As some of my readers know, S&P, the largest of the ratings agencies, that in tandem with their investment banking cohorts, made millions – nay, billions – during the securitization frenzy of 2005 – 2007. [For more details, see my rants posts, here and here.] The Big Banks needed a shill to convince investors to purchase their bundled mortgage backed securities, and so turned to S&P, Moody’s and to a lesser degree, Fitch, to rate them as “investment grade.” This meant that the large pension funds and municipalities could legitimately invest in the securities because they were perceived to be safe.
In biological terms, it was a “symbiotic relationship,” where each species depends upon the other for their long term survival. Like the sucker and the shark. In this case, the Big Banks (aka the voracious sharks) couldn’t sell their securities unless the ratings agencies (the little sucker fish) gave their products high marks, and the ratings agencies would have no business if they gave the Big Banks less than high marks.
To put a fine point on the ruse, the ratings agencies were the “enablers” of the Big Banks. Without their high ratings, investors would never have consumed their toxic brew of securitized subprime loans like ambrosia. The more investors consumed, the more the banks continued to pump and dump, until eventually, the entire house of cards collapsed, taking the American economy with it. This stuff was so toxic that the only folks who made money were the Big Banks, who, like Goldman Sachs with its Abacus scam, bet against the success of the very investment they were touting as solid gold.
Even though it was widely known [see pages 243-317 of the Levin Report, here] that the agencies had been complicit with the Big Banks in rating straw as if it was spun gold, they had been largely ignored by the federal government, who, it seems, only now has started to grow a spine.
In the years following the 2008 financial implosion, the agencies were widely criticized for their bogus ratings that seemed tied more to the drive for profits than the drive for accuracy. So, in what has to be viewed as a boneheaded business decision, S&P, trying to prove it could still render intelligent, insightful, and independent ratings opinions, decided in August 2011, to downgrade the United States of America, taking away its coveted AAA rating. Moody’s and Fitch wisely stood on the sidelines, as they watched S&P throw itself under the Bus of Bad Judgment.
Hmmm. Let’s see now. This was the government that so far had not laid a hand on the ratings agencies, when so many people thought they should. Do I have this right? Not surprisingly, on February 5, 2013, S&P got sued for $5 billion by the Department of Justice for fraud related to its bogus ratings during the securitization heydays, circa 2006 – 2007.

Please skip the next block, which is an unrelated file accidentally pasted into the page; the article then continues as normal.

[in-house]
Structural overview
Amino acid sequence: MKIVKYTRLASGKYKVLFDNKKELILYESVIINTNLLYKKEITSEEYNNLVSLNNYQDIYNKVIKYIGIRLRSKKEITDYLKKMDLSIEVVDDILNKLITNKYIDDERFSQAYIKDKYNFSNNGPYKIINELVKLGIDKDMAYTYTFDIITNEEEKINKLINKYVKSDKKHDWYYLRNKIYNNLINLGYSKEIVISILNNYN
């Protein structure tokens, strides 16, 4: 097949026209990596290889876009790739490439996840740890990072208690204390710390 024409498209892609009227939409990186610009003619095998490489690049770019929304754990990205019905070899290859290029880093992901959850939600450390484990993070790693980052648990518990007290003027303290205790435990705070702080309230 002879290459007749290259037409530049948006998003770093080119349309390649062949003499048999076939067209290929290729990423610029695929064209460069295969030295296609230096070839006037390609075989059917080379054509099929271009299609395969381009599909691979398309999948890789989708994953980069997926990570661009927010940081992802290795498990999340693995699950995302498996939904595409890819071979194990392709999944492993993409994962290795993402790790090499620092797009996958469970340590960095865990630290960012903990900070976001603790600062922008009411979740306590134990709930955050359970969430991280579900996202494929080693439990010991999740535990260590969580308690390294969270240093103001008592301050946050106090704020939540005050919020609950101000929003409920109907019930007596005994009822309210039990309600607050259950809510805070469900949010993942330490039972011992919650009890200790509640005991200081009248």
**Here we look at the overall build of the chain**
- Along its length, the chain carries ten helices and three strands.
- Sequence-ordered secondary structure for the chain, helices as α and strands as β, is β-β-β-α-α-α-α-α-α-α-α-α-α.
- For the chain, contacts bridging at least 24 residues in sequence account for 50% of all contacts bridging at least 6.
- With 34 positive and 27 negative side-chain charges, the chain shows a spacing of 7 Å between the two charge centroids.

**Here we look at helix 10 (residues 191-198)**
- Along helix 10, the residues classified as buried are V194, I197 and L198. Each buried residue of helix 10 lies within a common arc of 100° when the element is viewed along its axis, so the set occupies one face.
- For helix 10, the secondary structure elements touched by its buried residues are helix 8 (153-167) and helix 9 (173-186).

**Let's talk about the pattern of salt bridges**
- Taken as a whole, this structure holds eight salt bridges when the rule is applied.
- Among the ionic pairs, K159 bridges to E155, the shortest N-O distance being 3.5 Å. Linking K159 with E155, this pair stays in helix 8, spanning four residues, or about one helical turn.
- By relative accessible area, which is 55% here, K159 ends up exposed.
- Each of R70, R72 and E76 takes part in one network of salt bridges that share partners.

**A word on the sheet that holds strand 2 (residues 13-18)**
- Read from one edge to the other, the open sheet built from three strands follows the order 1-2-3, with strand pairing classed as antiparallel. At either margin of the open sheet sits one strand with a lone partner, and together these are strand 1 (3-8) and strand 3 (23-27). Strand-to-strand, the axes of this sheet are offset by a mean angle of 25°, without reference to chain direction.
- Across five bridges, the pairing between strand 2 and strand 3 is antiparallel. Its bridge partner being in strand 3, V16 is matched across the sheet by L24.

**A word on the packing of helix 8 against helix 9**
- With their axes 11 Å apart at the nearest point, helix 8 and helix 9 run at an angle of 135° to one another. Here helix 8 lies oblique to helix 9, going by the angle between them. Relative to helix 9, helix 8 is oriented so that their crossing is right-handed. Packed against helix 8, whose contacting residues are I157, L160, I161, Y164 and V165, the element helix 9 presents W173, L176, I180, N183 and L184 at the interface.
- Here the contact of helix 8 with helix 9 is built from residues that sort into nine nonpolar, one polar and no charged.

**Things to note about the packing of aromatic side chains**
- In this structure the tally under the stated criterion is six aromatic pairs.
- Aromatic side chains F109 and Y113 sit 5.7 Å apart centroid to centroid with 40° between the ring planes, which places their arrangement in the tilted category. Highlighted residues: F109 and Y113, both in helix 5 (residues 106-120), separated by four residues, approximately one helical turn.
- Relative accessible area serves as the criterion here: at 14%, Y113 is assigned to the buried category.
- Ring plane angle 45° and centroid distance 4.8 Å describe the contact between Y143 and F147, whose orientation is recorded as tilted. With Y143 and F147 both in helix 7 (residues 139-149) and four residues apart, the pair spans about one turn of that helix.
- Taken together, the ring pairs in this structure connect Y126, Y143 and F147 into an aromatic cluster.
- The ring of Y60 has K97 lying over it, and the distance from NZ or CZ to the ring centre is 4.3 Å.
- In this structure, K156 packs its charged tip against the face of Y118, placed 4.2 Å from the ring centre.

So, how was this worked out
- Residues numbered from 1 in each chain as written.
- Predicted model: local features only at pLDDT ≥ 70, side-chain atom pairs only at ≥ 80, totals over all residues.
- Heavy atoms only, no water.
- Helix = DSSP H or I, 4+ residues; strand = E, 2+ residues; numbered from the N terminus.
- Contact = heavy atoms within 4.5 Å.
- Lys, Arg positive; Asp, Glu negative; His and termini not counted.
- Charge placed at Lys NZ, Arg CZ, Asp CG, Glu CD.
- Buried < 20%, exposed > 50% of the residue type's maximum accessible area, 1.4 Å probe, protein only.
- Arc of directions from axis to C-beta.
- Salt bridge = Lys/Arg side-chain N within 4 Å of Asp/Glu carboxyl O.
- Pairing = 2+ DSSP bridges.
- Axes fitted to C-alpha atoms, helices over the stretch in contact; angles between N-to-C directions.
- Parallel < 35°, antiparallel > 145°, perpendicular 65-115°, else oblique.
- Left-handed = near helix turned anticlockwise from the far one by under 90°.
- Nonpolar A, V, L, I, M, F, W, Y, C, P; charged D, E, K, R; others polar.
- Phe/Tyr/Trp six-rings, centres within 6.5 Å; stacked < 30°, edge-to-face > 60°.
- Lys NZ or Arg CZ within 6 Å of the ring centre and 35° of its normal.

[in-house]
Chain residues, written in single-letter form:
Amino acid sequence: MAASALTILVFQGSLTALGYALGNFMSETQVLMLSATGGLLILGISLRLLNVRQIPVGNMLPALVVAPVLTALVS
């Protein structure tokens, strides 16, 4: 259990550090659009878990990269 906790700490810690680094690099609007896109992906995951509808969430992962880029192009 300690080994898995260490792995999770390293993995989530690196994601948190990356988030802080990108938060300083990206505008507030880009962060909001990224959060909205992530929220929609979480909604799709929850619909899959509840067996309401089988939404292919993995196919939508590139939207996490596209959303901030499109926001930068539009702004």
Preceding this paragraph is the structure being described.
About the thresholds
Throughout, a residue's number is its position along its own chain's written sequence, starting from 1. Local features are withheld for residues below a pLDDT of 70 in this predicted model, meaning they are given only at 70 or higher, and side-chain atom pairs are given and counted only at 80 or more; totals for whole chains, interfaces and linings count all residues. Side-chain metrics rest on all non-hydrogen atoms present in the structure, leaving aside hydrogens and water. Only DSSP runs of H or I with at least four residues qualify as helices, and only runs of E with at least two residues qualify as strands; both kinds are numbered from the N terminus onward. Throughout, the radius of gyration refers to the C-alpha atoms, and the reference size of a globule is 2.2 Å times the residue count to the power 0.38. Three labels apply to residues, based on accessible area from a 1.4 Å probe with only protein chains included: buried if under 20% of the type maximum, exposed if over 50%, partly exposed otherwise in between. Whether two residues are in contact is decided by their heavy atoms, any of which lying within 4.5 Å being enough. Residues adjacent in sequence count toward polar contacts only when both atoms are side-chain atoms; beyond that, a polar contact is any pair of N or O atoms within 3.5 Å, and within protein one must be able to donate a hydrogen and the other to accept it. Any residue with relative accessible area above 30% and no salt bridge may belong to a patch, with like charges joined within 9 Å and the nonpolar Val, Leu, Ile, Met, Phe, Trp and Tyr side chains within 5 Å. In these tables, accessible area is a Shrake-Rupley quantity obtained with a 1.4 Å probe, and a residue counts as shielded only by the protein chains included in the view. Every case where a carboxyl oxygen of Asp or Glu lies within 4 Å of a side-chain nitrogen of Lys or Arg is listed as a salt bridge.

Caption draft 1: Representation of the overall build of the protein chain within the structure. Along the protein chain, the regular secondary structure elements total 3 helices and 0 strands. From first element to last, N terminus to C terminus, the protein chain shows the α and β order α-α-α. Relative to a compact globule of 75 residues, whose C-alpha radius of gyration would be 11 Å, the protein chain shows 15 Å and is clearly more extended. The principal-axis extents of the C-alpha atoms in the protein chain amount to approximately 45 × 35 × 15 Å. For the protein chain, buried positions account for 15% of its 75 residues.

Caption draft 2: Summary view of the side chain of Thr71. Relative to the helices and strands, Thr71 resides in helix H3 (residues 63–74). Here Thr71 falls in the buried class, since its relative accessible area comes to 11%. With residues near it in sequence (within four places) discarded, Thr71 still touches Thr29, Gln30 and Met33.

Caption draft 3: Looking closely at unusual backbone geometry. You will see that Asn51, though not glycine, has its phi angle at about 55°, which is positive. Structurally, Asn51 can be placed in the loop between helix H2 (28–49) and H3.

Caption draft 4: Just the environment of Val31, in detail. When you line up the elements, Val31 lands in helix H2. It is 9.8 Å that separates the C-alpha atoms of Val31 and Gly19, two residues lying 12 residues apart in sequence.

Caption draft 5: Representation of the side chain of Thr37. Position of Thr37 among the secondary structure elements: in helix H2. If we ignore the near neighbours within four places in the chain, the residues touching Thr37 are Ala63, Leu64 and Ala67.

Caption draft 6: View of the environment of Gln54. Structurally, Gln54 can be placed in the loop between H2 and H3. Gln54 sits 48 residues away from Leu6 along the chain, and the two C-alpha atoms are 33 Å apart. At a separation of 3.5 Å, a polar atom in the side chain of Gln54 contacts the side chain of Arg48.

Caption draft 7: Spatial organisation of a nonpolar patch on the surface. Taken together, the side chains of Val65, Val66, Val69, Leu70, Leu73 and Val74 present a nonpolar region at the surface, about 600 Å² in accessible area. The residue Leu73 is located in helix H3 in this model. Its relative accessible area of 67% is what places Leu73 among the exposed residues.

S&P’s first reaction was the same as the third grader who gets caught cheating: “But, but, but, Johnnie and Timmy were cheating too! You’re just picking on me! Waaah!” Now S&P lawyers have elevated this “defense” to a legal argument. According to a recent Bloomberg Businessweek online article titled “The S&P Fraud Case As Theatre of the Absurd”:
The rating company has accused the Obama administration of “retaliation” for S&P’s downgrade of U.S. creditworthiness in 2011. “Only S&P Ratings downgraded the United States and only S&P Ratings has been sued by the United States, even though the S&P ratings challenged by the United States were no different than those of at least one other rating agency and other rating agencies have made the same assertions of ‘independence’ that are challenged in the complaint as against S&P,” the New York-based company said in the Sept. 3 court filing.”
Let me get this straight: S&P is claiming that the U.S. singled them out because they dissed the federal government? And their point is what exactly? What did they expect? It would be one thing for Nelson Mandela to say the credit of the United States sucks. Mr. Mandela hasn’t got a closet-full of skeletons. But for S&P to make the downgrade – especially before the applicable statute of limitations had run on all its shenanigans – was an act of monumental stupidity. [Surely they called their cohorts at Moody’s and Fitch to see if they were going to join the suicide mission? It’s not as if they hadn’t talked before having their collective epiphany in July 2007 when they all “just happened” to make their mass credit downgrades of the same junk they had been hyping a year earlier.]
Riddle Me This, Batman: Why should the DOJ take on all three agencies at the same time? Why not go after the one that just poked you in the eye? By the time the DOJ gets through with S&P, you can be sure its other two partners in crime will have quietly settled for less money and far less fanfare.